Archive for July, 2011


Saturday, July 23rd, 2011
I’m five foot nothing, and don’t weigh a hundred pounds soaking wet. I went into menopause on the early side, at 45, and when I did, I got my first bone scan. I know now that it showed I had a 17 percent loss of bone density in my spine and 15 percent in my hip, but my doctor at the time considered these results normal, and she never even called to give them to me.
So a whole year went by where I had no period, no estrogen, and no information. The next year, when my annual scan showed 23 percent bone loss in my spine and 16 percent in my hip, my doctor diagnosed me with osteopenia. She still said it was no big deal, and not to worry about it. She suggested I take calcium, but she didn’t breathe a word about vitamin D or magnesium or exercise or anything else I could do to help myself.
I’ve always been health-conscious. I’m a runner. I teach nutrition. So when I found out I wasn’t as healthy as I thought I was, I freaked out. I also knew there had to be a role for improved nutrition in keeping my bones strong. So I calmed down and got proactive. I started to get myself informed. I read every book I could find with sections on bone density. I searched the Internet. I checked out mainstream and alternative sources. The more I read, the more confused I got, and it started to seem that every new thing I read contradicted the last one. I went to a naturopath, and also to a mainstream doctor at a rehab center who specialized in exercise. That doctor asked for the results of both bone scans I’d had, and he was the one who told me about how much I had lost even at the time of my first scan. Then he told me I had the spine of an 81-year-old woman. I hit the roof. Of course, I’ve never gone back to my original doctor who neglected to alert me to the loss. But I can never get back that year when I could have been doing all the things I’ve since learned to do to prevent any further loss.
I really like my rehab doctor. He is a big believer in HRT, particularly for the first few years of menopause, but I have a knee-jerk reaction against the hormones even though I have no family history of breast cancer. So he listens to all my beefs and works with what I’m prepared to do. The naturopath, on the other hand, was hysterical at the mention of HRT. Even though I can relate to that, I wanted a more balanced, open-minded perspective. With all the information coming at you, in the end, you just have to go with your gut.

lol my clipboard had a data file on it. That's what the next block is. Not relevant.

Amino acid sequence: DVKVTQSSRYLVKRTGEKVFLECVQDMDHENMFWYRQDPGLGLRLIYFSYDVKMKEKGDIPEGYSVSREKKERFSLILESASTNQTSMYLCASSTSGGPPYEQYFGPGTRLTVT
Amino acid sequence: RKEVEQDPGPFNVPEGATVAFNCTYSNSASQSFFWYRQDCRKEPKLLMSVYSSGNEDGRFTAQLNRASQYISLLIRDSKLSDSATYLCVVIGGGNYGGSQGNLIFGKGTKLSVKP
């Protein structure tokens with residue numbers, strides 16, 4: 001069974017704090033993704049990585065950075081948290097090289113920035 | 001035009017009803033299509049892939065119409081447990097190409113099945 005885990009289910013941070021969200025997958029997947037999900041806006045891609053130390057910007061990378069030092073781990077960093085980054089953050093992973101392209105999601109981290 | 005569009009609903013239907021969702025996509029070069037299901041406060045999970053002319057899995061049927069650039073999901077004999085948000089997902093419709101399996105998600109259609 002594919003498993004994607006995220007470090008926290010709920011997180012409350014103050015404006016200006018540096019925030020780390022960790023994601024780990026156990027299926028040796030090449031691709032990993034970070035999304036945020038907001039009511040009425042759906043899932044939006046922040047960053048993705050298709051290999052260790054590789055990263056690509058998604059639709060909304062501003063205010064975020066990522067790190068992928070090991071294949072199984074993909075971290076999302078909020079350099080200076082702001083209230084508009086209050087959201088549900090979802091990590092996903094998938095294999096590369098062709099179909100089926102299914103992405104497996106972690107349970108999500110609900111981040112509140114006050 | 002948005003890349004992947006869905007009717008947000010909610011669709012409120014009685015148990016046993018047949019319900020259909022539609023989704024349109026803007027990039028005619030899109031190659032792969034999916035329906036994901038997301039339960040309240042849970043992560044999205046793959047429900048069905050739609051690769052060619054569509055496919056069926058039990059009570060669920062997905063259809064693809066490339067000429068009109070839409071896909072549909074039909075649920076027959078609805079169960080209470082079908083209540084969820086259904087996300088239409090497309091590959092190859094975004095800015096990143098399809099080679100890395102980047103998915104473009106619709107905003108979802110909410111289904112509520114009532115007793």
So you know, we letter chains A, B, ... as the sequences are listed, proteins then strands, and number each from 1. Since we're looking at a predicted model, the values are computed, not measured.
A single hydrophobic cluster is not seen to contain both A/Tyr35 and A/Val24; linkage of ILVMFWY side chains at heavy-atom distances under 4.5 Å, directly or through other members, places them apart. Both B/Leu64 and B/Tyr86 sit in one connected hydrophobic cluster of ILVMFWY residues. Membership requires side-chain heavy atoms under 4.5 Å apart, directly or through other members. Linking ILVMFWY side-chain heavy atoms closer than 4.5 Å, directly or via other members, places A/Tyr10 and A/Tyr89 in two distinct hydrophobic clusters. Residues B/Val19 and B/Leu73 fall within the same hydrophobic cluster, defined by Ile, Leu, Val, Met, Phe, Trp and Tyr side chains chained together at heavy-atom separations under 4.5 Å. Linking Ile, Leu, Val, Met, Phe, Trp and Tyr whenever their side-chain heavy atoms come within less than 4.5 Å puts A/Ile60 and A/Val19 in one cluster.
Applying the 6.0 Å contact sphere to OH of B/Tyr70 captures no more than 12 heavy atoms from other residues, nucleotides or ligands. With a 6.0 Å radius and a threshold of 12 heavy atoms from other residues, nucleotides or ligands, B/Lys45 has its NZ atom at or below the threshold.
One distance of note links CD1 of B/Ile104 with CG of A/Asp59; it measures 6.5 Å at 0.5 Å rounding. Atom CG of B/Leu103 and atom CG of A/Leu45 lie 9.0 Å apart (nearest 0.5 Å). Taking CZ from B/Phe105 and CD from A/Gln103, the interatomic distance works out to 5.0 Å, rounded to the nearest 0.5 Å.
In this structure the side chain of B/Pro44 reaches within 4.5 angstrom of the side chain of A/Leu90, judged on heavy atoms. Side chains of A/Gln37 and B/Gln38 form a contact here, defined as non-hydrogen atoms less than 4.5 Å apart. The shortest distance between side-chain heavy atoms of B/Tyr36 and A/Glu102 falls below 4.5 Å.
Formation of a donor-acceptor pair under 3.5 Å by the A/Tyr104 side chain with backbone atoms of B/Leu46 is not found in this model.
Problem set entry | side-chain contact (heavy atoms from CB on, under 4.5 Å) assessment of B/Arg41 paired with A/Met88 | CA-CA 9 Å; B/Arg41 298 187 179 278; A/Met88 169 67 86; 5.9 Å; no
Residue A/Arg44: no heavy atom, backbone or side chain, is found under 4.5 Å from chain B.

So 1 did start taking Fosamax. I increased my running to three times a week. I added in some exercises with hand weights. I take calcium supplements regularly, and other supplements—expensive trace minerals and extra vitamin D—with a bit less devotion. I have alfalfa and some Chinese herbs, and I started using a natural progesterone cream a year ago after I found out the “wild yam” stuff I was using doesn’t have enough active hormone to make any difference.
My diet is totally focused on calcium and my bones. I have a calcium chart stuck on my refrigerator, and I know spinach isn’t as good a source as kale, and so on. I eat tofu every single day. I buy extra-firm, not the jiggly, wiggly stuff, slice it thin, marinate it in soy sauce, ginger, and garlic, and pan-fry or grill it. It keeps in the fridge for a week, and I eat some plain for lunch every day. When my students make faces at the thought of tofu, this is what I bring in to let them try—anything marinated this way will taste good—and they always love it. I eat at least one can of salmon every week, bones and all, and broccoli, sesame seeds, fortified soymilk, leafy greens, and so on often enough that I get about half of the 1,500 mg of calcium I aim for each day in my food, without relying too heavily on dairy products.
It’s all paying off. It’s been a year since that second scan threw me into action, so I just had my third bone density scan. It shows I stopped the loss, and recovered everything I’d lost in the year between my first and second scans. I’m back down to 17 percent low from average peak density.